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THE government has squandered almost £5 billion in taxpayers’ money attempting to defeat strikes by rail workers, the RMT said today as it staged another walkout.
Profiteering rail operators have been handed hundreds of millions of pounds to compensate them for ticket sales lost during strike action, on top of hundreds of millions regularly given to them to subsidise their inefficient services.
The cost of settling the strikes was believed in January to be less than £1bn — a fraction of the sum it has spent in long-running dispute over pay, jobs and conditions.
Marking the first anniversary of the year-long dispute RMT general secretary Mick Lynch has written to all MPs appealing them to call on the government end the insanity by allowing the workers a fair pay settlement.
And he said the strike has had the effect of stopping in their tracks operators’ plans for thousands of job losses, ticket office closures and maintenance cuts which would threaten lives.
He blamed the government for Friday’s strike action by RMT members “because workers, passengers and taxpayers are being asked to pay the price for the government’s disastrous mismanagement of the economy and public transport.
“Rather than deliver a plan to improve public transport and the economy, we have seen three prime ministers preside over a year of chaos since the first strike action in June 2022,” he said.
“In contrast, there is no strike action on railways controlled by the Scottish and Welsh governments because these governments have adopted a fair and less ideological approach to industrial relations.
“Instead of working to end the dispute, amidst a cost-of-living crisis it appears to have no idea how to tackle, the UK government has spent the last year squandering billions of pounds on a futile war against the rail unions, all in the name of delivering reforms that passengers do not want.
“The cumulative cost of this disastrous strategy is now estimated at £5bn.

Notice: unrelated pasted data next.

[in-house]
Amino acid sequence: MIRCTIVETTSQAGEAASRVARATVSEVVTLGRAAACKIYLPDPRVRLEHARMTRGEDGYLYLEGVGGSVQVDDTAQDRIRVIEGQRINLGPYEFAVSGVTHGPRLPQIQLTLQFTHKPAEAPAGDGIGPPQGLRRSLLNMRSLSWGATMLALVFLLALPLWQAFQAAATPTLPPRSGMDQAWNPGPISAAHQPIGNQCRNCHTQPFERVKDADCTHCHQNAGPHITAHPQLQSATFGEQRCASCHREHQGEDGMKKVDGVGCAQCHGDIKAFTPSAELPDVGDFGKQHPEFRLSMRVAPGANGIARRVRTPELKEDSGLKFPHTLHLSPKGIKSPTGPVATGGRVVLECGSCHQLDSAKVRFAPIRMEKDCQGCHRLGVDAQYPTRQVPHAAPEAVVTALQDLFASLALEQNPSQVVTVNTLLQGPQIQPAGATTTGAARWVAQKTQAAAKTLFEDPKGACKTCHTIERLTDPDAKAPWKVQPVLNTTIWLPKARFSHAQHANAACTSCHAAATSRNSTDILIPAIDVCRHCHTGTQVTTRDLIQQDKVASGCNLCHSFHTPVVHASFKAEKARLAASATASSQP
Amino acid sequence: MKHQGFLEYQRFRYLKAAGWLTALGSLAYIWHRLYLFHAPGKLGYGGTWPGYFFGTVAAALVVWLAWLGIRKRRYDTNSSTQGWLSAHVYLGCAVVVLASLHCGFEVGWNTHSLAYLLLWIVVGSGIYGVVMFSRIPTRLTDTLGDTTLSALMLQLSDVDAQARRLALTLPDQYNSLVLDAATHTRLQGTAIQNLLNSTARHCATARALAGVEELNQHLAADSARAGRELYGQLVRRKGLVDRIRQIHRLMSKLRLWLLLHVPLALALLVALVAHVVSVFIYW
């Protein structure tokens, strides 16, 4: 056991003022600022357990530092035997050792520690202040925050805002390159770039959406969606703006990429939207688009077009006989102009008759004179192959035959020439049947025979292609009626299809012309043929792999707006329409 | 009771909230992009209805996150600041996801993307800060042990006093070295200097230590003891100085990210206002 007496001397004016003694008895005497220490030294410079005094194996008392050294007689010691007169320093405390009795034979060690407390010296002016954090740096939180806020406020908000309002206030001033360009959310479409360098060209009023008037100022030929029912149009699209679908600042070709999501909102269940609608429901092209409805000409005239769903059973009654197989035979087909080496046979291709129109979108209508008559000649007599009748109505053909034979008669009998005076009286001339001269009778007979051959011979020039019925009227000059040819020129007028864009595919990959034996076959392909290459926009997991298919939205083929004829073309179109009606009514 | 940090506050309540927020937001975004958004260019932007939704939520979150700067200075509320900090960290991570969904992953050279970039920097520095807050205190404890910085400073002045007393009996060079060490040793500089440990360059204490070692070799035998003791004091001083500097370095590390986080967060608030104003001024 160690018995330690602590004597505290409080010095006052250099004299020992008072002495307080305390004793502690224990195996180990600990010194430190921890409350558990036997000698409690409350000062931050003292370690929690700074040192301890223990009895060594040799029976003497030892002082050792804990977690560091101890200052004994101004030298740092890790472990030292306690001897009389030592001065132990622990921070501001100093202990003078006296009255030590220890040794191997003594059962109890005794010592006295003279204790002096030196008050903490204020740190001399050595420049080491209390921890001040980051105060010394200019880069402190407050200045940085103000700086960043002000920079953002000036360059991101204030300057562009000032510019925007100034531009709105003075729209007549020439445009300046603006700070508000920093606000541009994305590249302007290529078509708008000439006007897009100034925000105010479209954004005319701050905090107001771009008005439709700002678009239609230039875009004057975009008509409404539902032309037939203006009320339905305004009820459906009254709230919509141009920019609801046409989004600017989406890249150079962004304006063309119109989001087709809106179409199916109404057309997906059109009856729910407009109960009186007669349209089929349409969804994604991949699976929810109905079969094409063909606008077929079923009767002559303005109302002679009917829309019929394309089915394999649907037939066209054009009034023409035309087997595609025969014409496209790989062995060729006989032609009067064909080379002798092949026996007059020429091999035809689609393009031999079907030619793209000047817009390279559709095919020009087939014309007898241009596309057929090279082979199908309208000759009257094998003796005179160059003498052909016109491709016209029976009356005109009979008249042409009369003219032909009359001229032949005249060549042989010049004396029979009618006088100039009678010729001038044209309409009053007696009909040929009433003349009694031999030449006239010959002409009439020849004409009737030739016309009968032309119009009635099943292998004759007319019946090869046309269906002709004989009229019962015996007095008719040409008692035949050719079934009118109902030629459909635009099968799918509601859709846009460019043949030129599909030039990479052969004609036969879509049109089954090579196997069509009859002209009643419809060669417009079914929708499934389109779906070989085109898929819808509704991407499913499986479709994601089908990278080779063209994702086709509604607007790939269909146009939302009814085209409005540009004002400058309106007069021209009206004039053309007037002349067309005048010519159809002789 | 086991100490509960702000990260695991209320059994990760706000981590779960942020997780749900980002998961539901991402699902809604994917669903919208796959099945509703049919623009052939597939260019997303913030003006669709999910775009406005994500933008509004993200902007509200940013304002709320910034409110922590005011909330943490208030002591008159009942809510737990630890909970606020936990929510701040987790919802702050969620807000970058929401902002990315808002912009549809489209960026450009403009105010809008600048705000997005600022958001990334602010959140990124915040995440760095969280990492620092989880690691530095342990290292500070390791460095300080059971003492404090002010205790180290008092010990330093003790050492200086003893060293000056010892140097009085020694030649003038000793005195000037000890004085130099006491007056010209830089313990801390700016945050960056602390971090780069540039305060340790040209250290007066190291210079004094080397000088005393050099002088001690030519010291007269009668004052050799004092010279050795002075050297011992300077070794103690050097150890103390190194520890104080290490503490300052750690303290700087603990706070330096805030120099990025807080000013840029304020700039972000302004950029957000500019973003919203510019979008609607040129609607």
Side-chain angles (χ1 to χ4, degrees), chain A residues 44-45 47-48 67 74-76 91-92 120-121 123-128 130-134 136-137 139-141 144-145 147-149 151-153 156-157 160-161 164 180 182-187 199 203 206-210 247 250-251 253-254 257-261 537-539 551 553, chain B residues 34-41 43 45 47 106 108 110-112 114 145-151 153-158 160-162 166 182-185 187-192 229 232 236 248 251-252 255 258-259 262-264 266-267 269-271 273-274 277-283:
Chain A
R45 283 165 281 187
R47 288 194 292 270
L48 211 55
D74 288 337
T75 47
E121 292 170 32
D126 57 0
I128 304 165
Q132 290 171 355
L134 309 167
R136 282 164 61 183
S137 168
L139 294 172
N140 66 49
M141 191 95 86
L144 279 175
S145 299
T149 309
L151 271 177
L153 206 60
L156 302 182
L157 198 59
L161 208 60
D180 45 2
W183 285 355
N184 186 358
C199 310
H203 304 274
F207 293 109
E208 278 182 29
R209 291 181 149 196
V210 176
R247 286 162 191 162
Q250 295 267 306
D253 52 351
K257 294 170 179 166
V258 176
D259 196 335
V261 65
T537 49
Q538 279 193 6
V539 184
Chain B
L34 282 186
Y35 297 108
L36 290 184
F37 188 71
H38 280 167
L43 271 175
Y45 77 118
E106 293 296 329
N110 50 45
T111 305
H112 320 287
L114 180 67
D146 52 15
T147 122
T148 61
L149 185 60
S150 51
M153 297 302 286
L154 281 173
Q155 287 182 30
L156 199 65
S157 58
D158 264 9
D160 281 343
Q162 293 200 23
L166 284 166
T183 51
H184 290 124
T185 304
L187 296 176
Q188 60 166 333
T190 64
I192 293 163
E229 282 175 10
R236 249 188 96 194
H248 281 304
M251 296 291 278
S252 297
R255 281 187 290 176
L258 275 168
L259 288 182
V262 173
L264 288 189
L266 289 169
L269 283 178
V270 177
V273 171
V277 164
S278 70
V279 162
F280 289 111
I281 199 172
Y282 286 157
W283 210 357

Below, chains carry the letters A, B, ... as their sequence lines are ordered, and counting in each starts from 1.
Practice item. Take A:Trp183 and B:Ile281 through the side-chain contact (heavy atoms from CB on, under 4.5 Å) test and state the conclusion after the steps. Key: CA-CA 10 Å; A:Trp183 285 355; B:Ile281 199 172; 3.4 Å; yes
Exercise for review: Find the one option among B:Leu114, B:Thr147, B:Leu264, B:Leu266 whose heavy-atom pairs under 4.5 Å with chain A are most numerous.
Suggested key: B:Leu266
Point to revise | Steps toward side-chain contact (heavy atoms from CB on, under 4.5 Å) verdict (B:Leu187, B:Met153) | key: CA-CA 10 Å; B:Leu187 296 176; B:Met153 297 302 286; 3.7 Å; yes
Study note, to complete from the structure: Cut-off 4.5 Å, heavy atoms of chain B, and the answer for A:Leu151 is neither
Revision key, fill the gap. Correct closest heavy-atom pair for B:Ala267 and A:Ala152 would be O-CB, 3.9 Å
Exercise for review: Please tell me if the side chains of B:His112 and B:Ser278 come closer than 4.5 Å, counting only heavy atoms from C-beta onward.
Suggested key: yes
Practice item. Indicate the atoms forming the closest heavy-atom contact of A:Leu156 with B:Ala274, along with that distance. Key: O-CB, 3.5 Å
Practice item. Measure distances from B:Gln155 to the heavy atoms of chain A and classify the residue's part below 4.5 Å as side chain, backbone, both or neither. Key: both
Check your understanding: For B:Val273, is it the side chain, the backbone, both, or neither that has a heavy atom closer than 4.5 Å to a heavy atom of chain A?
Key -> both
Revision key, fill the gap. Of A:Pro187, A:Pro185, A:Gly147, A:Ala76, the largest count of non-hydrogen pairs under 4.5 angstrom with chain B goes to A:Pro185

“While passengers want more assistance and support the government are insisting there must be less staff on stations and trains.
“While businesses and unions want an agreement, the government insist the cost to the economy of strike action is a price worth paying.
“While the public want transport run in the public interest, the government are protecting the vested interests and vast profits of the privatised railway.”
He said rail workers had delivered their verdict on the government’s mismanagement of the dispute by voting overwhelmingly for strike action three times.
“As we reach the anniversary of the first strike action, I would urge you to write to the Prime Minister to demand the government change course and facilitate an improved offer that will protect staffing and services and deliver a fairer deal for rail workers,” said Mr Lynch.
RMT says the £5bn cost of the strike to taxpayers is a “conservative estimate” on the basis of compensation for lost ticket sales, £900m, cost to economy of lost days of work, £757m, and loss of revenue to UK hospitality industry, £3,25m, totalling £4.907bn.
Mick Whelan, general secretary of train drivers’ union Aslef, whose members are also taking strike action after four years of no pay rises, said there was “no waning in enthusiasm” among members for the strike.
“We are determined to get a resolution and remain in this for the long haul,” he said, calling for a pay increase of at least 10 per cent.
A Department for Transport spokesman said: “The government has facilitated a fair and reasonable pay offer; now union leaders must do the right thing and put this to their members.”
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